The office of Worcester County District Attorney Joe Early, Jr. released a report on Friday, September 17, that concludes that Worcester Police officer Paul Cyr’s use of deadly force was appropriate and his actions were both reasonable and lawful when involved in a fatal shooting on Wednesday, April 21.
According to the report, Phet Gouvonvoung, 31, of Worcester, called Worcester Police dispatch at 10:40 PM on Thursday, September 16. He told the dispatcher he possessed an AR-15 rifle, had a bomb attached to him, and that there was a secondary device somewhere in the city. Gouvonvoung said the bomb weighed 50 pounds and he could not remove it or it would explode. He also described his clothing, but did not provide his name.
Gouvonvoung told the dispatcher that there were other people involved, and they told him to go to the police station.
Police located Gouvonvoung near Arthur Street, moving toward Billings Square and down Grafton Street.
Police followed until Gouvonvoung saw them shortly after 11 PM while near the Diamond Inn at 271 Grafton Street. Police issued commands for Gouvonvoung to put down his weapon and lay on the ground. Gouvonvoung refused to put down his weapon and told officers he could not lay down or the explosive would detonate. Officers believed they could see a detonator on Gouvonvoung’s wrist.
Over 82 minutes, officers convinced Gouvonvoung to go to his hands and knees at one point, in front of Armando’s, at 254 Grafton Street. They also convinced him to sit on two separate occasions, including at the corner of Barclay Street. Each time, Gouvonvoung stood up and continued to refuse to disarm or surrender.
The report notes that Sargeant Thomas Radula, Sargeant Shawn Barbale and Cyr all attempted to de-escalate and convince the suspect to end the standoff peacefully. While seated near the corner of Barclay Street, officers provided Gouvonvoung a bottle of water. After taking a few sips, he said the water tasted funny and again rose to his feet, this time in a more agitated state.
Gouvonvoung stated he intended to cross the street to the Cumberland Farms at 263 Grafton Street, which has live fuel pumping stations. Some civilians were in the area and other officers were in the parking lot. Cyr informed Gouvonvoung that was not possible and asked him to remain seated.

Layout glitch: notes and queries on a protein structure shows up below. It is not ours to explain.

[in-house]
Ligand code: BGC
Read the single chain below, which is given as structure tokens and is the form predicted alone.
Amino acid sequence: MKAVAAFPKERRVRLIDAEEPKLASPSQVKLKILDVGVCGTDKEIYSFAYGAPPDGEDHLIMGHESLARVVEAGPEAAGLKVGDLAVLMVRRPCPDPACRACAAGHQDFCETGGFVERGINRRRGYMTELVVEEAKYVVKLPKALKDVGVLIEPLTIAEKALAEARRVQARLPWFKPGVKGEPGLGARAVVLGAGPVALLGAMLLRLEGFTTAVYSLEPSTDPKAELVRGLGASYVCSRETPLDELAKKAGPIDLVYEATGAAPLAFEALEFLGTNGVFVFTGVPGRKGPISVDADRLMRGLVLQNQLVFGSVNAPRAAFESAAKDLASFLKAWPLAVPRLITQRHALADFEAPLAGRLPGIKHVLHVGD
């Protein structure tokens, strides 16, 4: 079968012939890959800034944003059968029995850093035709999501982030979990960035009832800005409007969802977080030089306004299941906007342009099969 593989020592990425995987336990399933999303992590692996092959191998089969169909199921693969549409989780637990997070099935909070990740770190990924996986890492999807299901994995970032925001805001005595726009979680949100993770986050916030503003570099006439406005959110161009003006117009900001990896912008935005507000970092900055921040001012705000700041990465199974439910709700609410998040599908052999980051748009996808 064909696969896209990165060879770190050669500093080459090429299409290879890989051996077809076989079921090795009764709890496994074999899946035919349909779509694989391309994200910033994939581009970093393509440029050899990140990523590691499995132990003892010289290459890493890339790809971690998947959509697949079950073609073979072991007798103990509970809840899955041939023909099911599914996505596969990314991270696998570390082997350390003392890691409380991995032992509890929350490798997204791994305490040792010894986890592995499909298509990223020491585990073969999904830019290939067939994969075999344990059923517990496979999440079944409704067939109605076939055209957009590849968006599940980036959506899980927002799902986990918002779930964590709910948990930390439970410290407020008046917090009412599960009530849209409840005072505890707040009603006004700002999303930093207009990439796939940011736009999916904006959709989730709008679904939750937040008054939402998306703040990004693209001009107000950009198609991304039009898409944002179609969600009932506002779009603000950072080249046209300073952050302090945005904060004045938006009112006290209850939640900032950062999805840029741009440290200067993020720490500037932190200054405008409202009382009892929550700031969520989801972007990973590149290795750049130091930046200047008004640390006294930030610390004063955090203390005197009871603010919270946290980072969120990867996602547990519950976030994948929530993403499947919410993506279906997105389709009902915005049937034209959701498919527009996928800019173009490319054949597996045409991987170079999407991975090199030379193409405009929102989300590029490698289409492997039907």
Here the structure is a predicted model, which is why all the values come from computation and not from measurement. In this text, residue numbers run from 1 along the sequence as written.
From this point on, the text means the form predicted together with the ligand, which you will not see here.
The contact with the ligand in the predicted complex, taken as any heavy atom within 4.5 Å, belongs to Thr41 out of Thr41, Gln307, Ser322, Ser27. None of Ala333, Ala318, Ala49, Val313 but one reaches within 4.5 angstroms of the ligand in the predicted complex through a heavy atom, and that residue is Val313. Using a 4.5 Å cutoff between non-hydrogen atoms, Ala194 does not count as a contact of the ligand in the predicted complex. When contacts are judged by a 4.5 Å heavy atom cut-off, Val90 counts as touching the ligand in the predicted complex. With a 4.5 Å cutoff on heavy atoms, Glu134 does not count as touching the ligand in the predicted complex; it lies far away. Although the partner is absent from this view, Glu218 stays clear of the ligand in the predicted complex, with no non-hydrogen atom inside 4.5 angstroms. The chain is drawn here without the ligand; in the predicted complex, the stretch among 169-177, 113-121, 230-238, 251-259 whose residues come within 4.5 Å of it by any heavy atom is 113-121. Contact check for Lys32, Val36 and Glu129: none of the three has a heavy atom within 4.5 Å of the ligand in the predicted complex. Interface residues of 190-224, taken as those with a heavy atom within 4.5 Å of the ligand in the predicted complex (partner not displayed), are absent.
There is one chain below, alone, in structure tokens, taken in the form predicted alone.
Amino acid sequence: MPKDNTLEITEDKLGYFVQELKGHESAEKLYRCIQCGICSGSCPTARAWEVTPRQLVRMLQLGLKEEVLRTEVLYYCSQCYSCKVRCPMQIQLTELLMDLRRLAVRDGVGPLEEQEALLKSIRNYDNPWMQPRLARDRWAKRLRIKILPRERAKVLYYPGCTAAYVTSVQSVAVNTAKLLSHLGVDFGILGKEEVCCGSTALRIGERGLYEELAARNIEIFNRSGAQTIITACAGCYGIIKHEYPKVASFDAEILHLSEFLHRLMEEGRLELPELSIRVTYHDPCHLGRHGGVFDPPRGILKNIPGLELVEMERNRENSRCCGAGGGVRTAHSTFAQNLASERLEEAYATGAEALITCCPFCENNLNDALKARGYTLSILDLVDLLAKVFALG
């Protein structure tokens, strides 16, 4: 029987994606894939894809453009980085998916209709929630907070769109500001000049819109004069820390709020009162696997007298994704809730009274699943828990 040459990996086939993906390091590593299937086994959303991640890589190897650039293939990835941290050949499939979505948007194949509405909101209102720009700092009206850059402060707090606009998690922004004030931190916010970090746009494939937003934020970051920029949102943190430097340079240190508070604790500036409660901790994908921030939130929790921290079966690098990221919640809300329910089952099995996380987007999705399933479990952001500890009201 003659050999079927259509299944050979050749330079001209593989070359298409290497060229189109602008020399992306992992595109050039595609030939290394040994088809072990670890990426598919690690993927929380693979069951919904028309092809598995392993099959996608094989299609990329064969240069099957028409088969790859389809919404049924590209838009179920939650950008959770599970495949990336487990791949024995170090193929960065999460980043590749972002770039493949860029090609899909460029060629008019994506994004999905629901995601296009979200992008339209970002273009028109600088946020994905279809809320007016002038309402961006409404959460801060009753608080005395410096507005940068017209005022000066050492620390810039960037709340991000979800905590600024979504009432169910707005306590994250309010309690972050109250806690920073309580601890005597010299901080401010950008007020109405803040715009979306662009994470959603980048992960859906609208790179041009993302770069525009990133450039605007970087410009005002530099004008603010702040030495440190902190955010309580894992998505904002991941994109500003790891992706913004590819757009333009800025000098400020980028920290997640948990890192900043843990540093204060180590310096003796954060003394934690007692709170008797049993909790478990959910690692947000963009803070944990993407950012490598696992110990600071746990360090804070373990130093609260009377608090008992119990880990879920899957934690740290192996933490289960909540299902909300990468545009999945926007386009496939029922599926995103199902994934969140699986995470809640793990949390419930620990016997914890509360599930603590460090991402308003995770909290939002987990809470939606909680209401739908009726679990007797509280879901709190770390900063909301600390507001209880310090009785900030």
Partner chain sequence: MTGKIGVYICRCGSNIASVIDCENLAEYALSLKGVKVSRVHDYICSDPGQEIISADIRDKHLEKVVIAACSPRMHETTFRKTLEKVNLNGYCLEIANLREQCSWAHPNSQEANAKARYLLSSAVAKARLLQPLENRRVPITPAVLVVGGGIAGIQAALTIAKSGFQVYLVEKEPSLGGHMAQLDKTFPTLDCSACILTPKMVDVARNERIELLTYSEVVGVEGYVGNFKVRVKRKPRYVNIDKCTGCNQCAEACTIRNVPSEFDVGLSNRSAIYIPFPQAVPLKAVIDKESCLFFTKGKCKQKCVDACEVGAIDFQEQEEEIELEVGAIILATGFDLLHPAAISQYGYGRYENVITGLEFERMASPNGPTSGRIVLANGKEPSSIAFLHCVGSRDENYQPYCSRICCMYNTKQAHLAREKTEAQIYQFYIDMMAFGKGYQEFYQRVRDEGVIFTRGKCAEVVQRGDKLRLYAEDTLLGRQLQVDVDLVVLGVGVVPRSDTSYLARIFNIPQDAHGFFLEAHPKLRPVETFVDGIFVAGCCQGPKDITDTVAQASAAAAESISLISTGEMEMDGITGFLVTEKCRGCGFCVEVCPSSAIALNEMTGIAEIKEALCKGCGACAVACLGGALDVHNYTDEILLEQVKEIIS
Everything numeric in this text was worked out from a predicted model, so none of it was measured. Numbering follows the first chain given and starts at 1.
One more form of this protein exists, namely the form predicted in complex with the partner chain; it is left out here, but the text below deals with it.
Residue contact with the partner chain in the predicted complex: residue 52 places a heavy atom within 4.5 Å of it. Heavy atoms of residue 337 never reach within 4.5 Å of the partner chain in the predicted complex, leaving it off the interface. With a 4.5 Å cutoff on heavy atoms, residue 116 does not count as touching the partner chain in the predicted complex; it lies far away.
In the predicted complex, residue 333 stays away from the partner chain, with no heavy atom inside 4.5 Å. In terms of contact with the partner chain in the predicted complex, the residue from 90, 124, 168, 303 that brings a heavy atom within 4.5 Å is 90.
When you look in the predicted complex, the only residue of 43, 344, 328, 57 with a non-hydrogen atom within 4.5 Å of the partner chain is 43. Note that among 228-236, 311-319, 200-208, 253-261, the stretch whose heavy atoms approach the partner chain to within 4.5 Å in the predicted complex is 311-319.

The report says that Cyr confirmed with the on-site supervisor that lethal force would be the only option if Gouvonvoung moved toward the fuel pumping stations. The bomb detonating and causing the fuel to ignite would cause devastating damage.
Gouvonvoung took several steps across Grafton Street and was steps from having a clear line of sight of officers positioned behind a SWAT van at the scene. Both Cyr and the officers behind the SWAT van were 10 to 15 feet from Gouvonvoung when Cyr fired his weapon four times.
The first two shots missed high and entered the Dunkin’ at 265 Grafton Street. The third shot impacted the suspect in the center of the chest, striking the breach area of his rifle, which was slung across the front of his body, causing a spark and small cloud of debris.
The fourth shot struck Gouvonvoung in the area of his upper lip. According to the autopsy, the bullet entered his skull from the front to rear and traveled left to right, impacting the right side of the brain and lodging in the right rear of the skull.
Two Massachusetts State Police Bomb Techs observed no signs of life from Gouvonvoung and were able to observe the device attached to his body. They believed the device to be viable. Combined with the unknown contents of the backpack Gouvonvoung was wearing, they determined it was unsafe to attempt to provide medical aid to Gouvonvoung.
Worcester Police Operations and SWAT Officers evacuated those in nearby homes and businesses. State Police Bomb Techs first utilized a robot to attempt to access the device. They eventually wore blast resistant protective suits to deal with the device by hand before deeming the scene safe.
Worcester EMS then moved in. They pronounced Gouvonvoung dead at the scene.
The device attached to Gouvonvoung consisted of two road flares, a nine volt battery with two AA batteries above, and wires leading from the batteries to the flares and around a wrist watch. All of the components appeared to have been glued together and had what appeared to be duct tape which had been cut away wrapped around it. Also found beneath the wrap was a handgun magazine containing several rounds.
Gouvonvoung also had a hunting knife, a machete, and a small caliber handgun magazine with rounds in it, along with various camping and food items.
The report says that investigators interviewed Gouvonvoung’s sister, whose name is redacted in the report. She stated that she was aware that her brother had a history of psychiatric treatment and was prescribed medications, but didn’t take them.
The report detailed results from an investigation by Early’s office, the Worcester Police Department and Massachusetts State Police.